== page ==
The worry in Malta is that if and when divorce is put to a popular referendum people will vote from personal conviction that they don’t want it in their lives. Great if they don’t. But why should they stop those who need a divorce – the neighbour, the 20 people in the next town – and prevent the country coming of age, and its citizens taking responsibility for their lives once and for all, free from the hegemonic power of church and state intertwined?
Divorce should be on Malta’s statute books whatever our personal opinion, beliefs, wishes, hopes. Here’s some food for thought on why:
1. Malta, a modern European state without divorce – surely an oxymoron?
Take this scenario: a young Maltese man who is anti divorce and not married is offered a superb job overseas, the UK let’s say. He happily leaves Malta having just voted ‘No to Divorce’ to live in a state that has divorce. He doesn’t worry that his new UK neighbours are divorced and he won’t even know if they are, in all likelihood. The lives of the divorced people around him – some are new work colleagues – don’t impinge on how he lives his life or what he personally wants out of his future (marriage). Why should he stop fellow Maltese nationals back in Malta getting divorced? His move has just proved divorce laws don’t harm him or infringe his liberties or suppress his beliefs.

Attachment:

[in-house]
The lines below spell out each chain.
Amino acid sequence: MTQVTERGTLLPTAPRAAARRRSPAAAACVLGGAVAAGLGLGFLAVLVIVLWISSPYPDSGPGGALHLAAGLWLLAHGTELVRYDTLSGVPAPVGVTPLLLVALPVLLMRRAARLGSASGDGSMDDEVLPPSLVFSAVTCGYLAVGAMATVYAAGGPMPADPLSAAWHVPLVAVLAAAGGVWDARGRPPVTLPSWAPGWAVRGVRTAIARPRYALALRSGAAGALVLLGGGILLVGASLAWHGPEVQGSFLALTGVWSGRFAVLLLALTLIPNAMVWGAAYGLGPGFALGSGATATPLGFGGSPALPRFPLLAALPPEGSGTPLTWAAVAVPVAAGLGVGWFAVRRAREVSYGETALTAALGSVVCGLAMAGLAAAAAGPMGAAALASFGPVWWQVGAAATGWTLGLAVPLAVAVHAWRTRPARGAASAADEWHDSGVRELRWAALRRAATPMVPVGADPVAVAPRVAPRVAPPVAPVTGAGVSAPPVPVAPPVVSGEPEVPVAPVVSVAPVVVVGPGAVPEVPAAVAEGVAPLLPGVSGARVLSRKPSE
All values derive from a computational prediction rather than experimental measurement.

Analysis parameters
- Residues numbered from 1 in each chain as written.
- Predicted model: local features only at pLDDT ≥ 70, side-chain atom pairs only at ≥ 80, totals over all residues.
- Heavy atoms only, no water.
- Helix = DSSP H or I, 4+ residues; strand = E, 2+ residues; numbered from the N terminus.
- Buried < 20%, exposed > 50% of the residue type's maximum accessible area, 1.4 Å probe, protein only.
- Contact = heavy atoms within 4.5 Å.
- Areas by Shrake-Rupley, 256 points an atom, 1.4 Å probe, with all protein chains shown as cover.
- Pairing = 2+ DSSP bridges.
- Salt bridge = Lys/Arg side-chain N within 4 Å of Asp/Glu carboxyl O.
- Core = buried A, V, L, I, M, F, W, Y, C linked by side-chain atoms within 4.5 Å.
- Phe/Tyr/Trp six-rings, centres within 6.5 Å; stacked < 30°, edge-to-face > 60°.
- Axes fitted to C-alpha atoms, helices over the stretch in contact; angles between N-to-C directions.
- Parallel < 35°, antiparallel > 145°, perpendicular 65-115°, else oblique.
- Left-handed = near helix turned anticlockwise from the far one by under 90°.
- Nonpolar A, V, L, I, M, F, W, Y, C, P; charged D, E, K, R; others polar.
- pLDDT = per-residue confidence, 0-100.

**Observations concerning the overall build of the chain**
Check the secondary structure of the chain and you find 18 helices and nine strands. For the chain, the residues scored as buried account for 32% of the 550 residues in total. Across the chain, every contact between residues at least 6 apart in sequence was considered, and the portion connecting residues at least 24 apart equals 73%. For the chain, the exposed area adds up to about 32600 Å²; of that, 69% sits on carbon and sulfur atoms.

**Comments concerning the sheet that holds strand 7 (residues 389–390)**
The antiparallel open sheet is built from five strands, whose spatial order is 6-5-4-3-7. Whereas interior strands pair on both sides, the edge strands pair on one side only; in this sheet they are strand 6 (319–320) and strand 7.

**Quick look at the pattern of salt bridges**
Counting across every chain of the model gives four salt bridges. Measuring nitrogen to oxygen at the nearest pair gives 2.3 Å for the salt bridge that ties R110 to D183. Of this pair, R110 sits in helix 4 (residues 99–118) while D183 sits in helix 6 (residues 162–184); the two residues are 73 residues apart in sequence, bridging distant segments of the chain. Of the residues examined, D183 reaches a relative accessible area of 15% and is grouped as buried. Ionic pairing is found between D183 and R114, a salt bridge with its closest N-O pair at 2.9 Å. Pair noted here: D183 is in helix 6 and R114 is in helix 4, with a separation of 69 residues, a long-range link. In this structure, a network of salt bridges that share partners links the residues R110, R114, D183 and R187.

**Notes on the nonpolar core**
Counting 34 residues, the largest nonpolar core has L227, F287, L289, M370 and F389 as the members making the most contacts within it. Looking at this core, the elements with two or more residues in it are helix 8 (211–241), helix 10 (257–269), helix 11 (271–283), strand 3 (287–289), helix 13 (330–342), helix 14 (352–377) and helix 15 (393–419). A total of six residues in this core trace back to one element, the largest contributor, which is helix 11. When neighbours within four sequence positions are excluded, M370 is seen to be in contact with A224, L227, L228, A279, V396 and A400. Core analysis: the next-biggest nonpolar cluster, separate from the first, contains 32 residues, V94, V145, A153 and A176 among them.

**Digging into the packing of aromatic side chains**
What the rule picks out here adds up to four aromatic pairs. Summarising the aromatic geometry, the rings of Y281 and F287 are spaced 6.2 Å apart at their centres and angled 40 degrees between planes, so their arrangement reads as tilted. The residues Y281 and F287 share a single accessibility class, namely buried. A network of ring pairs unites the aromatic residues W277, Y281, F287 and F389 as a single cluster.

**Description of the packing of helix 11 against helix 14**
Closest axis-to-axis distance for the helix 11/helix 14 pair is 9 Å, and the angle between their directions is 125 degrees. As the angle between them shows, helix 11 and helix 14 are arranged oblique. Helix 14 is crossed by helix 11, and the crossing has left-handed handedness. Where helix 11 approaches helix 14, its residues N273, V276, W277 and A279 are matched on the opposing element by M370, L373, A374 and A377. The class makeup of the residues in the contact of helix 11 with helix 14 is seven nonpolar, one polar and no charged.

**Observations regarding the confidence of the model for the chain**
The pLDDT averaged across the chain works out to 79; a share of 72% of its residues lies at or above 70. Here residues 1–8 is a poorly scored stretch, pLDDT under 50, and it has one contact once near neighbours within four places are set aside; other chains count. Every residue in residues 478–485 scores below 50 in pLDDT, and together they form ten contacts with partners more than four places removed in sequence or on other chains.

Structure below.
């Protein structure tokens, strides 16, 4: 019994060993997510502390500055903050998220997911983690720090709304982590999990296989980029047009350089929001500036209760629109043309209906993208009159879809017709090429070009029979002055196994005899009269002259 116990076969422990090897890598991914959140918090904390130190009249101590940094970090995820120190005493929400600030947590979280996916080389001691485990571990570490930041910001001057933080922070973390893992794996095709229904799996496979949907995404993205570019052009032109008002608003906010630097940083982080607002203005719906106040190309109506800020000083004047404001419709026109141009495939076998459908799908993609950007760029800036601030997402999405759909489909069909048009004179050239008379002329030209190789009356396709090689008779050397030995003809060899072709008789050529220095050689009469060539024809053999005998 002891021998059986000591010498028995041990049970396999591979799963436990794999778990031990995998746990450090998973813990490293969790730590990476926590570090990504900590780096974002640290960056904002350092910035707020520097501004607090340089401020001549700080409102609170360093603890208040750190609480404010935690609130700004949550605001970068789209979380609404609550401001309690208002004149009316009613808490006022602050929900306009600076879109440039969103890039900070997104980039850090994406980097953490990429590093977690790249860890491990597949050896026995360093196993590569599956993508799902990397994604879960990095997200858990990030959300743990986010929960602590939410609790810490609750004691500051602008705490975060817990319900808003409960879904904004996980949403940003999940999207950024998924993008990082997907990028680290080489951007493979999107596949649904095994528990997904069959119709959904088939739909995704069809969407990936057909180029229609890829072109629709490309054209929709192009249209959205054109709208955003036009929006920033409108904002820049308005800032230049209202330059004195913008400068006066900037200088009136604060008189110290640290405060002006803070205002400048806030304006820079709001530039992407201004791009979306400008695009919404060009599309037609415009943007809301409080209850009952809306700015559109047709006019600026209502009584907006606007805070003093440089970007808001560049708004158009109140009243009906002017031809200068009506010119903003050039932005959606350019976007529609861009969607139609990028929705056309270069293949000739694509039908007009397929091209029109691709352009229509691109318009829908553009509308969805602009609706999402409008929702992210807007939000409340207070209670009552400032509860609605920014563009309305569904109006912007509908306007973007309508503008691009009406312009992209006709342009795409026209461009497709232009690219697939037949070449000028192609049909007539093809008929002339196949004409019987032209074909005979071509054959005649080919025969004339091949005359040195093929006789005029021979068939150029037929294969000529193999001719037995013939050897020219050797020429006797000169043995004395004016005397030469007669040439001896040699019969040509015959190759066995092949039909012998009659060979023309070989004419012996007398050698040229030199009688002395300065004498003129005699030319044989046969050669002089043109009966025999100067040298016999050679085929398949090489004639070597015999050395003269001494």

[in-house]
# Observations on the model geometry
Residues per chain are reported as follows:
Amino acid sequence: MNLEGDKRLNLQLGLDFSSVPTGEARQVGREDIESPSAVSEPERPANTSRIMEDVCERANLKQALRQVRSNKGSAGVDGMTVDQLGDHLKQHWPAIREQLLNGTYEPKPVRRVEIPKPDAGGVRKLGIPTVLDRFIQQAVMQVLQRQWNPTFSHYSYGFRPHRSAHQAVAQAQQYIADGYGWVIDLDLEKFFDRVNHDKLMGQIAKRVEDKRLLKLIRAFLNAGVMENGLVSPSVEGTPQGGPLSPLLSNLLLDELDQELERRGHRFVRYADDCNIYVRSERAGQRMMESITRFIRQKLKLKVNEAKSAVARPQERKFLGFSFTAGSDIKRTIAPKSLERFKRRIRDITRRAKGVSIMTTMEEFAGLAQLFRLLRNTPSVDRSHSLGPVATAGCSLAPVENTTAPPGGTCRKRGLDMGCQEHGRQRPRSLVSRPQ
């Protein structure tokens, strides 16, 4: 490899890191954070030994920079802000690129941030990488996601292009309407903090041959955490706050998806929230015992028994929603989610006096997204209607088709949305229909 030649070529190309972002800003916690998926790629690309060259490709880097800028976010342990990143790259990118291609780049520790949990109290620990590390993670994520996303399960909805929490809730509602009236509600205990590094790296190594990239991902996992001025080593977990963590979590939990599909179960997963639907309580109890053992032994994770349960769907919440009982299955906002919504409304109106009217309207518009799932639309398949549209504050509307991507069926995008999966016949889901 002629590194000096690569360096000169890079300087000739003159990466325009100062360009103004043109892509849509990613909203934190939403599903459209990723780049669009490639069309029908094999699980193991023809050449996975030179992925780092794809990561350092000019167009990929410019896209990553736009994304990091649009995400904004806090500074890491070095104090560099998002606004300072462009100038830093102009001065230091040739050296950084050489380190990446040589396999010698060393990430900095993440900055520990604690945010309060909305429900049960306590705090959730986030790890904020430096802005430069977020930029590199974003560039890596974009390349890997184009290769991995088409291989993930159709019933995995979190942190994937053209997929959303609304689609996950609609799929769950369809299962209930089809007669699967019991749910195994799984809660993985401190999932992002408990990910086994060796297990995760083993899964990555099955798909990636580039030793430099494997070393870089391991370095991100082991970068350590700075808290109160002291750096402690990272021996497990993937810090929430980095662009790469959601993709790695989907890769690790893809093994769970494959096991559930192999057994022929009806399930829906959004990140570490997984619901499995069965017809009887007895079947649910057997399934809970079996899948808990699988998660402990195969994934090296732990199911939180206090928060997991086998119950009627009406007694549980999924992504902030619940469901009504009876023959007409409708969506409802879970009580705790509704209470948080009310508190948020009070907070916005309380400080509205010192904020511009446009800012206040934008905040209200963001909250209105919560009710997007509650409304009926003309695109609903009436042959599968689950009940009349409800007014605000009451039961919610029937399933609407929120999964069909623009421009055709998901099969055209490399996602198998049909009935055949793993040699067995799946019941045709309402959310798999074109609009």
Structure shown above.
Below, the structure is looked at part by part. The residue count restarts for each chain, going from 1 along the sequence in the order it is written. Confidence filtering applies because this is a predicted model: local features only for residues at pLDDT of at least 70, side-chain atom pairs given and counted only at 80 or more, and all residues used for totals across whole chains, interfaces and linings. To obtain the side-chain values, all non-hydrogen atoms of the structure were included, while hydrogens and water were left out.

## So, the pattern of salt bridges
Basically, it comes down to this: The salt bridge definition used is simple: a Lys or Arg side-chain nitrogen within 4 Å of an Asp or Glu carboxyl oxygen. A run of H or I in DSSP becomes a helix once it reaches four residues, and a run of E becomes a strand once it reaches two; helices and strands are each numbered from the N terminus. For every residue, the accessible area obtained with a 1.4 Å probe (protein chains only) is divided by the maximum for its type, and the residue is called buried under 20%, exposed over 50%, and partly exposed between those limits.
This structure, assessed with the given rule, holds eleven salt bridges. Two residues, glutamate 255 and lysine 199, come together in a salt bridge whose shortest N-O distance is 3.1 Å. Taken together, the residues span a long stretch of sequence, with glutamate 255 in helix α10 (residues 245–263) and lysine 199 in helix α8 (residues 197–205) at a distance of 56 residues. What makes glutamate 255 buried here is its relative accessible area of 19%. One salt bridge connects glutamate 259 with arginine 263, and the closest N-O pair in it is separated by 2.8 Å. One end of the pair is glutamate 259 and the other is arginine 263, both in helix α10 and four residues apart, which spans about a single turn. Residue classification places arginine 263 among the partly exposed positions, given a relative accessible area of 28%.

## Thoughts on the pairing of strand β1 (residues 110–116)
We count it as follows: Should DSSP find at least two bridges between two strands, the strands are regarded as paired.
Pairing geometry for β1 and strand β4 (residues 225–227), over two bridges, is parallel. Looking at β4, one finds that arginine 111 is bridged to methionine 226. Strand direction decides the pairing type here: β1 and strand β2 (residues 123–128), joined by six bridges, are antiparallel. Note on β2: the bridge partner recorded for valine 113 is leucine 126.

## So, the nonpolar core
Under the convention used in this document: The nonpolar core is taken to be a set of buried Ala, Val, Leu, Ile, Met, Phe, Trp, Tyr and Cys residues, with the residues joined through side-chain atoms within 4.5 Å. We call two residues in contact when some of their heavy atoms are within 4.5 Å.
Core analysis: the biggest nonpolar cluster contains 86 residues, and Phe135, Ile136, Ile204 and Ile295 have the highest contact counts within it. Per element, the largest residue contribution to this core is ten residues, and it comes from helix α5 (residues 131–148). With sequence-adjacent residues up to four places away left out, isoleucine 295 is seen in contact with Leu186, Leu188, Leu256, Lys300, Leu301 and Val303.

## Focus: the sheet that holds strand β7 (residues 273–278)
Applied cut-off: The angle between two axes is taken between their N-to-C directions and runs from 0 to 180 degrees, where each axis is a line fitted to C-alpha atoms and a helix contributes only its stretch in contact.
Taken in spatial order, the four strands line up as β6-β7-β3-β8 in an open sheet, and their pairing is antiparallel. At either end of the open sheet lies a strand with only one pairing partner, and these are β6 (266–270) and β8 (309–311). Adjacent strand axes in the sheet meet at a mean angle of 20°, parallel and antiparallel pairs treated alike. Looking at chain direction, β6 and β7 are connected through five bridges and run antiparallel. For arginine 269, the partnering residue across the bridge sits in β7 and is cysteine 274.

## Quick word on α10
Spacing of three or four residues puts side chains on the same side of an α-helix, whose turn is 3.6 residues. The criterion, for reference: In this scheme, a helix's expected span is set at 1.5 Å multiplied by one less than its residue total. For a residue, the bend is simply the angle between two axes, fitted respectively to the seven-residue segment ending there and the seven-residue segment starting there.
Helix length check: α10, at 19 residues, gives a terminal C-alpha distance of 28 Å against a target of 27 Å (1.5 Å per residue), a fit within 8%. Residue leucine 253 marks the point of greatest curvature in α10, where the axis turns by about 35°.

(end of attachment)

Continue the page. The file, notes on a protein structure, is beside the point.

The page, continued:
2. Maltese and foreign citizens who obtain a divorce in an overseas jurisdiction can have it legally recognised by Maltese law and are free to remarry in Malta. Let’s go as far as to say certain Maltese will always manage to get a divorce, if they have the means. This is an inequity.
3. Annulments are granted by both Church and State, for a defined list of reasons, even if couples have children. This is divorce by another name, for the few, for the ingenious perhaps; and it exposes some parties to humiliation.